So, while a protestant is called, he is still able to live in the world like anybody else and I believe that is a pretty huge difference. IMHO, it’s a far different experience for the protestant that is called than the Catholic…

What a good question!

Do you ever watch EWTN the Journey Home? Some of the most amazing stories of people who were ‘twice called’-- into the church, and into priesthood, sometimes, the call to priesthood comes before the call to the Church.

The couple last week had been lukewarm Catholics, then both very involved in a Nazarene church, then gradually came home.

One thing the man said (he had been a pastor at the Nazarene church) was that his kids were neglected because of the time spent by both parents in their church! A very good argument for maintaining celibacy.

Some of the men on this program have remained married priests, some have had to find another ‘job’, which was Marcus Grodi’s purpose in founding his journey home network.

I love that program, and always learn a lot, always come away uplifted.

God has called me and I am a protestant woman. I am going to post my vocation story for you all to read. Its very long…

There seems to be a little misundersanding about a Calling.

The Call comes from the Church, while we may have a feeling that we may have a calling there is no Call present until we are actually comes to us from the Church through a bishop or religious superior.

So in the Catholic understanding, no God does not call those outside of the Church.

I guess I am not quite sure that I agree with this. While the official call to priesthood or religious life might have to come from a religious superior or a bishop it does seem that God calls us- even those of us who do not have a direct relationship with a religious superior or a bishop- to different things. The bishop barely knows I exist. God knows. God is the One Who calls me to holiness and to the various good works He has prepared for me ahead of time. It would seem to me to be much the same for the majority of people on this planet who are not called to religious life or the priesthood.

A call comes to us from God through the Church.

That is Catholic Teaching.

A feelings of being called is not the call until the Church acknowledges it.

Part of exploring a call is the discernment process in which you get to know the bishop/religious superior/community and they get to know you.

Otherwise how do we explain all those who “feel” call but the Church never calls them? Especially those women who think they are being called to be priests.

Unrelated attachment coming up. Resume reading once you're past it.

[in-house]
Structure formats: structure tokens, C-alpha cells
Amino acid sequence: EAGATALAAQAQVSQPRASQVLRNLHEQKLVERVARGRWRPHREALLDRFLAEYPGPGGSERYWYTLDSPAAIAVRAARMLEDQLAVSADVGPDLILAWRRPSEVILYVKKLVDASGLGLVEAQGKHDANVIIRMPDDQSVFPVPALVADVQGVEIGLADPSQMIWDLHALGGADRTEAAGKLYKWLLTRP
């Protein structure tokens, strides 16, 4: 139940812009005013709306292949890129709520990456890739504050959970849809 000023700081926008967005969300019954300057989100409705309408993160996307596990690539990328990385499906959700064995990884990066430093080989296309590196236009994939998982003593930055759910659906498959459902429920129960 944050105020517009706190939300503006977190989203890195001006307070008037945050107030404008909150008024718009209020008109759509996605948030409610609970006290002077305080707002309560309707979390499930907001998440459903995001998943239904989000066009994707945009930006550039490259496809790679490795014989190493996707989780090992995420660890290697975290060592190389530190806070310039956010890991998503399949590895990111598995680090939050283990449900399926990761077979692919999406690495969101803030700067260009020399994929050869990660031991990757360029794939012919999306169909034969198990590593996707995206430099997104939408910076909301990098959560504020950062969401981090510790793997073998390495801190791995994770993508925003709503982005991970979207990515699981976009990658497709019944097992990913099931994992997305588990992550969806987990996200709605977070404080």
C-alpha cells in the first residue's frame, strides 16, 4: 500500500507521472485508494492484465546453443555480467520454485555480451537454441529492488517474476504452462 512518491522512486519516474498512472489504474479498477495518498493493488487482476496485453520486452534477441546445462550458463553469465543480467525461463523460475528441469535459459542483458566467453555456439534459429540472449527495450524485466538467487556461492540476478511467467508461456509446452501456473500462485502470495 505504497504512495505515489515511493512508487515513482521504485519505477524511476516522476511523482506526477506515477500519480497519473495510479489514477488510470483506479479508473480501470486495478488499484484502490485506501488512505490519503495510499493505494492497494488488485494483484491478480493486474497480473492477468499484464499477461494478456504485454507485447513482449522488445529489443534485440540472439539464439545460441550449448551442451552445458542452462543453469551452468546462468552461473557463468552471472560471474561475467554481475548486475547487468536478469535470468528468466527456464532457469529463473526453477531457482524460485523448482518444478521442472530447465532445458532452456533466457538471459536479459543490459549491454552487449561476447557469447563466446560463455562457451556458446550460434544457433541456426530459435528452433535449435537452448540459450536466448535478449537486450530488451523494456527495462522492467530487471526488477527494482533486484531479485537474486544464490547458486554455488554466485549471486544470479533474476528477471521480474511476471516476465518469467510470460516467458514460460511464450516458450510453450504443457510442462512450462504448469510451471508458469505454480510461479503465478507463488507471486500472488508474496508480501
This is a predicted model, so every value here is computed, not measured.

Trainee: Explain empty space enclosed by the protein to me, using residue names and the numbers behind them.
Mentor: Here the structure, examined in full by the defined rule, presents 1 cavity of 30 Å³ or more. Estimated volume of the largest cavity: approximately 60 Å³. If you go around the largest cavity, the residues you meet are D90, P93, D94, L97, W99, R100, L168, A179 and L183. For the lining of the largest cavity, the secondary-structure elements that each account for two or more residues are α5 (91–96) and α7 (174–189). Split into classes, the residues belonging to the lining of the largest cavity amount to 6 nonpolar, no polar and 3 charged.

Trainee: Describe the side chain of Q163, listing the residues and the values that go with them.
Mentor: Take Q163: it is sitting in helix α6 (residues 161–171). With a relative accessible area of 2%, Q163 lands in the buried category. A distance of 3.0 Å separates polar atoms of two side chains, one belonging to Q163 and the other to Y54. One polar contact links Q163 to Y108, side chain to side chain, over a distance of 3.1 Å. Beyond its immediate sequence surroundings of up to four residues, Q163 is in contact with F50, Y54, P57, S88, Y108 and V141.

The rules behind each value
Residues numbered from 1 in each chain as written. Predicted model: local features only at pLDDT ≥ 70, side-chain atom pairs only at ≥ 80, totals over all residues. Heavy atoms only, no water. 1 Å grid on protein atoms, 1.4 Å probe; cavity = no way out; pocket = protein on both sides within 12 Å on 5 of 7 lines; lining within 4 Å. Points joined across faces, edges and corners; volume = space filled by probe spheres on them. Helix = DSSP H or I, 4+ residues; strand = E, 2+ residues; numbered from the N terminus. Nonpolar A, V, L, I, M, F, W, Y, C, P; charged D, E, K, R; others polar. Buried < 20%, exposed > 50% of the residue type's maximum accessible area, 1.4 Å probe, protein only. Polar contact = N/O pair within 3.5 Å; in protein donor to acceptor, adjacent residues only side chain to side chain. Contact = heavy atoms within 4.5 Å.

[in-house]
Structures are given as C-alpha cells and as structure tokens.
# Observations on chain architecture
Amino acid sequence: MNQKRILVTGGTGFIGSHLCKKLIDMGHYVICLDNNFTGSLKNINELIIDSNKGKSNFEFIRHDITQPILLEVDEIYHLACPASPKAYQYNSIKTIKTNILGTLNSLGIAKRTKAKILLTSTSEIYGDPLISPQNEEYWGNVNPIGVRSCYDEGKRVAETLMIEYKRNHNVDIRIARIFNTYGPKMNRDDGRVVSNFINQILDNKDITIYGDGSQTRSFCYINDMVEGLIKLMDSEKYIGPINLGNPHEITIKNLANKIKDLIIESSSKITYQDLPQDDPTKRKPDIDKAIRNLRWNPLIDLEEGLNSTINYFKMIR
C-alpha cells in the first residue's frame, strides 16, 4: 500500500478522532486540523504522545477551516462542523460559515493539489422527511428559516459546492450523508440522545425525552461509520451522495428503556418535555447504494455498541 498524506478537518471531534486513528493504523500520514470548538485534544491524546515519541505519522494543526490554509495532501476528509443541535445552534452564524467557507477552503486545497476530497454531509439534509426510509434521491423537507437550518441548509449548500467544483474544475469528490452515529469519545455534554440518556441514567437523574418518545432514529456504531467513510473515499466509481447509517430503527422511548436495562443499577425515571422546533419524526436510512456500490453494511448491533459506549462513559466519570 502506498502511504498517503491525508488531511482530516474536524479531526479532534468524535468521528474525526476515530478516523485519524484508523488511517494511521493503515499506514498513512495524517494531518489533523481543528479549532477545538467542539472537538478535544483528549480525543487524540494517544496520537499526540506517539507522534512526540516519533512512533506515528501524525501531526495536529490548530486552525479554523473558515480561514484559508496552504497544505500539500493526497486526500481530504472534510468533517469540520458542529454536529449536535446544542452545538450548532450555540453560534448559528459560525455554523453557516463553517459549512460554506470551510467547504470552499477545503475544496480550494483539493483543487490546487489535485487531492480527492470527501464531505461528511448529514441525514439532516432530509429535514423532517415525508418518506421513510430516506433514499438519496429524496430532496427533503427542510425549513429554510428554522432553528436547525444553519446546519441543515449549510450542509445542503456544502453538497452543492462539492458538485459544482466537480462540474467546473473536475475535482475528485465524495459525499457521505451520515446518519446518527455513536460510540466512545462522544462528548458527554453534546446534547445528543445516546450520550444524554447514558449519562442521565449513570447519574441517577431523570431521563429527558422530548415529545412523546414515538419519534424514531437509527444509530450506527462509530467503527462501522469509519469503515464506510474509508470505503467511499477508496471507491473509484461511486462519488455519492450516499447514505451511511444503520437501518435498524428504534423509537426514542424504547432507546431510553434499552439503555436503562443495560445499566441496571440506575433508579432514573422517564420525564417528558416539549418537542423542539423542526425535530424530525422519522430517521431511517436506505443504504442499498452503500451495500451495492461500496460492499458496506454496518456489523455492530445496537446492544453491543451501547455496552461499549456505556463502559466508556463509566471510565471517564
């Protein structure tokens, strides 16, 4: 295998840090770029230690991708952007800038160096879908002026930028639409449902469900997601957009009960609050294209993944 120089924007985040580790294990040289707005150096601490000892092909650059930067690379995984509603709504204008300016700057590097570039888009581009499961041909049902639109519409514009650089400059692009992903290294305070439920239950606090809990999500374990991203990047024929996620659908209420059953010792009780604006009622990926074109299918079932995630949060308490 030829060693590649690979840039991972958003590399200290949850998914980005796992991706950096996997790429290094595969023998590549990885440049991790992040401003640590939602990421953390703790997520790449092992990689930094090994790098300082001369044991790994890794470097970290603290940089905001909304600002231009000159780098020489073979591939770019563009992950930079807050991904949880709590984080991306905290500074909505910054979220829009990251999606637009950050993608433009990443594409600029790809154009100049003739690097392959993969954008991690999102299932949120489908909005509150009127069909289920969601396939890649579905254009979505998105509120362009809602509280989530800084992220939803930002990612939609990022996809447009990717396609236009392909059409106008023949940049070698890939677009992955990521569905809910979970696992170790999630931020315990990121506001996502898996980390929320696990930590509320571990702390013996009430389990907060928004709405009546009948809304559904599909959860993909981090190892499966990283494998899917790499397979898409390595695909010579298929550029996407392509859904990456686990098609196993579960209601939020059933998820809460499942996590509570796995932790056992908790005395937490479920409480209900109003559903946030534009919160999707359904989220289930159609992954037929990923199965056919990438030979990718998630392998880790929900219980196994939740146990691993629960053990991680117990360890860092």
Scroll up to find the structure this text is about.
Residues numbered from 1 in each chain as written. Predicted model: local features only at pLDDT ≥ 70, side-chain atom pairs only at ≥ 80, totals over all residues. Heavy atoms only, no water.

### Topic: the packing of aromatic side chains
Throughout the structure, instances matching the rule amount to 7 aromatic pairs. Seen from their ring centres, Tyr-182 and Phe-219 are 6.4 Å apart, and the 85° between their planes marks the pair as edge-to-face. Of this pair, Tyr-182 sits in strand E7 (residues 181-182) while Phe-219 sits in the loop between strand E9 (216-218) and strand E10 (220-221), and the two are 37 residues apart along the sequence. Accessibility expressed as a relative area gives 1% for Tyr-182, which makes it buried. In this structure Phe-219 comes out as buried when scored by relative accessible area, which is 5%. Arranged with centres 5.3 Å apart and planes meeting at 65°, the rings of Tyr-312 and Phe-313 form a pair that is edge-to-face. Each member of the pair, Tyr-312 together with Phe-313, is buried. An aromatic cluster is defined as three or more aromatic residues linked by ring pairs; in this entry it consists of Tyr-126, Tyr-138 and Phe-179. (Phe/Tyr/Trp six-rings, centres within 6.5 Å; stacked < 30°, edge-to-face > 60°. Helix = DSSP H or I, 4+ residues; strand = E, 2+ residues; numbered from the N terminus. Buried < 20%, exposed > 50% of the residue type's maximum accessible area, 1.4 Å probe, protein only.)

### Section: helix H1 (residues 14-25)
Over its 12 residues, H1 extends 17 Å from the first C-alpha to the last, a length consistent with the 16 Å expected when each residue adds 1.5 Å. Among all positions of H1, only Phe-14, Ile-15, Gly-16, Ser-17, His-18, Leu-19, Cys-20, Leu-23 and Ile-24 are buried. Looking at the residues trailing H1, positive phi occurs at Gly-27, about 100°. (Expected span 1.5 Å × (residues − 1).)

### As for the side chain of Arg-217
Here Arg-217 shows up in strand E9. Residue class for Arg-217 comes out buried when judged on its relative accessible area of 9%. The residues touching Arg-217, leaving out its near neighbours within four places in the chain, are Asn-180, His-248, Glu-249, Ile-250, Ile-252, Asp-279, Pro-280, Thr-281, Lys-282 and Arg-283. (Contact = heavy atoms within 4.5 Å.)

I have known many ministers in protestant denominations who are doing their best to seek God, and who have personally witnessed his working through them to reach others. I have talked with protestant ministers who are somewhat senile- and hear them speak with perfect clarity, and listen with perfect understanding- something that they can’t normally do anymore. I think there is something real about their calling- even though they are not Catholic.

Even within the Church there are callings that are not the priesthood and not religious life- we are all called to use our gifts for the good of the Body of Christ. Thus, it would seem to me that God could be authentically calling a protestant pastor to the good that he does in spreading the Word of God. The good he does will depend on his obedience to the grace given him, just as it is for all of us. Once again, the bishop does not even know me- that does not mean I don’t have a calling in life. There is life outside of priesthood and religious life you know!

We are all called to humble obedience. That is how to answer those who feel a “call” when the Church has closed the door.

I think you have to distinguish between Call and call. Call with a capital C seems to mean to religious life or the priesthood. When I was answering, I was thinking that this was meant more as a general question, as in, Christians of any “variety” for lack of better word being open to the Holy Spirit in any given situation that may occur in life… for instance, I might say “I feel called to help so&so in any way I can” or “I feel like God might be calling me to participate in homeless ministry” or things like that. :o And then of course there is being CALLED, as in, a religious vocation… and in that sense I do think that what someone “feels called to” is confirmed or denied by the Church.


Jet, I read your blog and you seem to be “in love with love”. You have romanticized the religious life beyond what is real.

I hope that you will find what you are seeking, and I hope and pray that you truly have a vocation, because you have put so much into it already.

Have you spoken with a religious discernment counselor?
If you are too immature, they will make you wait.

I was in a convent as a teenager.
I wish you all the best, and it is wonderful to have young Catholics who are not afraid.
God bless.

Not necessarily so… Many Anglican priests choose celibacy.

Also there are many fine Anglican Religious Orders, male and female. Who give all in the same way.

This is a beautiful post and so true; thank you.

A beautiful account; you see religious life as it needs to be and so often is not.

The true religious retains that and the aspects of that life that deter others pose no problems. The idealism remains and grows and bears fruit.

Incidentally, did you know that after being received into the Catholic Church, you cannot enter an order for two years?